3. Slow down as much as possible as soon as the animal is spotted. Make sure there are no vehicles coming from behind before sudden stops. Try to stop, but do not step on the brakes so hard the vehicle will skid.

4. If an animal is coming from the right side of the road, steer the vehicle towards the far right outer edge of the road. The animal might speed up and be safe.

5. If a collision is impossible to avoid, slow down as much as possible and brace for impact. Your life is more important than the animal, and there might be passenger's safety to consider. It is amazing how many animals avoid being hit at the last second.

6. When an animal is hit, stop and call the proper authorities to get the animal help. Be careful about approaching an injured animal.

7. If it is a large animal that might be hit, the impact might be serious. Try to lower your body as far down as possible so it is protected by the dashboard if the animal comes through the windshield.

8. If an animal is hit, get control of and stop the car as soon as possible to check for damage and injuries that require assistance, and call 911 for help.

9. Now, stay inside the car while calling for help. Turn on the emergency flashers to warn other drivers of the danger. Injured large animals can be dangerous.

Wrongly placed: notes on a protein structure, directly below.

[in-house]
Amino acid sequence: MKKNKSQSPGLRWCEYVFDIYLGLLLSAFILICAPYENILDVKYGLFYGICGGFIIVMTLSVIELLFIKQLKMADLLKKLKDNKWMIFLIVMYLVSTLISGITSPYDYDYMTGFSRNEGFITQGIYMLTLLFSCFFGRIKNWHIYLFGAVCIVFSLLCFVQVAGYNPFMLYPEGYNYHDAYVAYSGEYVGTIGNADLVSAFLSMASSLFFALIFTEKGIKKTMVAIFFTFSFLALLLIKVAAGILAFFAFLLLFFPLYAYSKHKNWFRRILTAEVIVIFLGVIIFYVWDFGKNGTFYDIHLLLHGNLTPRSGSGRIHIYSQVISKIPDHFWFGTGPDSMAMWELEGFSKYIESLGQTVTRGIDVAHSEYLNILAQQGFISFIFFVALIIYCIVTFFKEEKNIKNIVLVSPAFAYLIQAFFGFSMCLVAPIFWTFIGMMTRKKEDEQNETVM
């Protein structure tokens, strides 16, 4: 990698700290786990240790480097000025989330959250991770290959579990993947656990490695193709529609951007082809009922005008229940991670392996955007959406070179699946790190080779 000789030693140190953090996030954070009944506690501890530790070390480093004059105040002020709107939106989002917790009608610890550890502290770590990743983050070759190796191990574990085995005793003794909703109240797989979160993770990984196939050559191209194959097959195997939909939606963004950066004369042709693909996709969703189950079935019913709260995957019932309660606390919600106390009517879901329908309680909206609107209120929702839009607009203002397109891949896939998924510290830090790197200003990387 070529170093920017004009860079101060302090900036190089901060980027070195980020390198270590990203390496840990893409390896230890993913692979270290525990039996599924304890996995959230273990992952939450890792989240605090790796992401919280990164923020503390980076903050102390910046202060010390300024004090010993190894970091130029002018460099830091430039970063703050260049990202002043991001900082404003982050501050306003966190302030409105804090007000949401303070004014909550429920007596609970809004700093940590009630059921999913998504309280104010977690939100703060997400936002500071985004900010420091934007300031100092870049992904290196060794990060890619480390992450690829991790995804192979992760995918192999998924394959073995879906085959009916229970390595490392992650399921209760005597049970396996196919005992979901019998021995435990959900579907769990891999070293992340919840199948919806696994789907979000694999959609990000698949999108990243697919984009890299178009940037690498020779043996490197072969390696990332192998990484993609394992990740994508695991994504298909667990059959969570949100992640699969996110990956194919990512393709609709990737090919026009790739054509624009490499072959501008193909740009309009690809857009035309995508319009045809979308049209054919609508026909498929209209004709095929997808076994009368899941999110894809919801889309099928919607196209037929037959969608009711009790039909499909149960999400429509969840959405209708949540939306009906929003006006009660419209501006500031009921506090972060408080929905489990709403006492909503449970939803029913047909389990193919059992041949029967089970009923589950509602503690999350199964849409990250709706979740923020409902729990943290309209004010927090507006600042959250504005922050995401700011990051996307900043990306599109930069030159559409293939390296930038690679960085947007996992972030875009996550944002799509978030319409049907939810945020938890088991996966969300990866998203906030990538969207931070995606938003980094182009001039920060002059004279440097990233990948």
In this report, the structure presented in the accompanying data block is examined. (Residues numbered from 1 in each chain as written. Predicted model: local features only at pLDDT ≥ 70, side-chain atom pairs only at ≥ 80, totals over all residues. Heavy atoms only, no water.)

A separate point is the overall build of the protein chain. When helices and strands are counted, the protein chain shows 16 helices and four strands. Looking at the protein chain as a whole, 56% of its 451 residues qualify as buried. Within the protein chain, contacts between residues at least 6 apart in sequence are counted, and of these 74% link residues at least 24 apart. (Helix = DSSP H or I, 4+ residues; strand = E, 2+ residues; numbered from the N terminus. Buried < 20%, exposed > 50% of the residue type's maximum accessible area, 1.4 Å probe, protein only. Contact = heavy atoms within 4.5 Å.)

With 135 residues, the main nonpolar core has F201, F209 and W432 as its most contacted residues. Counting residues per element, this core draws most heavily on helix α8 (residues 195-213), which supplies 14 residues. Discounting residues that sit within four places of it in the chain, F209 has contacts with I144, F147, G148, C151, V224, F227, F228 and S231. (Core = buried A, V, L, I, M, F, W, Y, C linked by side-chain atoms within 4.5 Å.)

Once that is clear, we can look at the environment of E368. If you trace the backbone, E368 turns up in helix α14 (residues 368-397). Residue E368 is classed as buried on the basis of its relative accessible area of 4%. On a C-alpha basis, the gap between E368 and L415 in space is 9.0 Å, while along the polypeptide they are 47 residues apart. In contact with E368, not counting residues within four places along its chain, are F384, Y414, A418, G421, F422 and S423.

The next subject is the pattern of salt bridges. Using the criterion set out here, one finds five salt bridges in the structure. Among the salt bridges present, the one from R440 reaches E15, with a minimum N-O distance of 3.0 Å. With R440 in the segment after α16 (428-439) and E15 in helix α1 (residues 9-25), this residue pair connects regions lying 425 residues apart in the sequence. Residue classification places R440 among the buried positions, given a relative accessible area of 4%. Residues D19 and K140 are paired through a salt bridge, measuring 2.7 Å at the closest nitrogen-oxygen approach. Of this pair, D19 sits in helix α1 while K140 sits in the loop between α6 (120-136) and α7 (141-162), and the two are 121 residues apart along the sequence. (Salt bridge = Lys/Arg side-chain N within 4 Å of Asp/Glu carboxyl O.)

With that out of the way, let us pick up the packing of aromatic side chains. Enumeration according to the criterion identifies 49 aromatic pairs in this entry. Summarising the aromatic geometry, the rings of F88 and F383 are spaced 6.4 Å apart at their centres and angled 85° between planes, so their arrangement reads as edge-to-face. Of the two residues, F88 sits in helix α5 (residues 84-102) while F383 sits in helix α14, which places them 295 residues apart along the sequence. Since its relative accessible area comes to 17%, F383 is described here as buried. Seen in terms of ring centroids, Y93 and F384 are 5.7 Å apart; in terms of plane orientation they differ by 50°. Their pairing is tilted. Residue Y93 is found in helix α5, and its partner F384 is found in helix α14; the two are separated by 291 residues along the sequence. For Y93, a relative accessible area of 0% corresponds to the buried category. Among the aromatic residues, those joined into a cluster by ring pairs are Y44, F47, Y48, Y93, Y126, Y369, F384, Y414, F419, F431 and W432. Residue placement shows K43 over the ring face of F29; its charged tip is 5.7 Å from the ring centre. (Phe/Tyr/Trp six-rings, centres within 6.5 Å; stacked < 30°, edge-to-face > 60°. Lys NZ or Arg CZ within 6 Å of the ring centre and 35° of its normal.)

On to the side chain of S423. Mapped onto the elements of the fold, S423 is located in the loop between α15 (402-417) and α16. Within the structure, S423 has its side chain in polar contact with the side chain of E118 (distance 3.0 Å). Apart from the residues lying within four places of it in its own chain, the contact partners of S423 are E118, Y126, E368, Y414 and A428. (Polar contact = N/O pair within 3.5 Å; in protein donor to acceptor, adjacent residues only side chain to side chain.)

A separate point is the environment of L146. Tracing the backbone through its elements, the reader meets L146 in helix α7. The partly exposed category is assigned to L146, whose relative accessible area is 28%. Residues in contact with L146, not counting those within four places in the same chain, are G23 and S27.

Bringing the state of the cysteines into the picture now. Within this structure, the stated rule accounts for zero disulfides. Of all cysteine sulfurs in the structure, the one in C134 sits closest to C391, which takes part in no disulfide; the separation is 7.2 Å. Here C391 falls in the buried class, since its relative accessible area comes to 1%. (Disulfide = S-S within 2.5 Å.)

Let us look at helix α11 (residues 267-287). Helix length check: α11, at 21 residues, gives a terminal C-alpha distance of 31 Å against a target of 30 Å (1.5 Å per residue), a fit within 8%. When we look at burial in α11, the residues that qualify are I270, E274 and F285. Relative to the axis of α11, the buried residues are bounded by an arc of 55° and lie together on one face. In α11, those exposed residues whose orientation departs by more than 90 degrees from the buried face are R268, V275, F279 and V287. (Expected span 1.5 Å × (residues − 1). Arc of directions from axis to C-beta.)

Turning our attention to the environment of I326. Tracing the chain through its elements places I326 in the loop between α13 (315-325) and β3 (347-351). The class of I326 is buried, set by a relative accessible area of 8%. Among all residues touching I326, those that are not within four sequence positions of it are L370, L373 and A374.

10. Contact your car insurance agent as soon as possible to make a claim. If the insurance agent is not representing you fairly, contact legal help.

Car accidents involving animals are more common than most people think. It is okay to feel guilty, but if the accident could not be avoided, it was not your fault. Your insurance agent should be experienced in handling this type of claim fairly. Taking photos and gathering as much information as possible at the scene should help your case. Get any injuries cared for immediately and take care of the vehicle so life can go on. Do not hesitate to call a lawyer if you need help dealing with the insurance company.

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5 Motocross Tips for Beginners That Will Make You Comfortable in No Time

Learning how to ride bikes off-road can be a fun experience. However, before getting started, it is important to learn how to be safe to prevent serious accidents and injuries. There are also a few tips beginners can use to help ensure they learn faster and get the hang of riding safely.

From purchasing the right bike goggles to giving the bike the right amount of gas, use the tips and information here to learn how to ride faster.

1. Wear the Right Protective Gear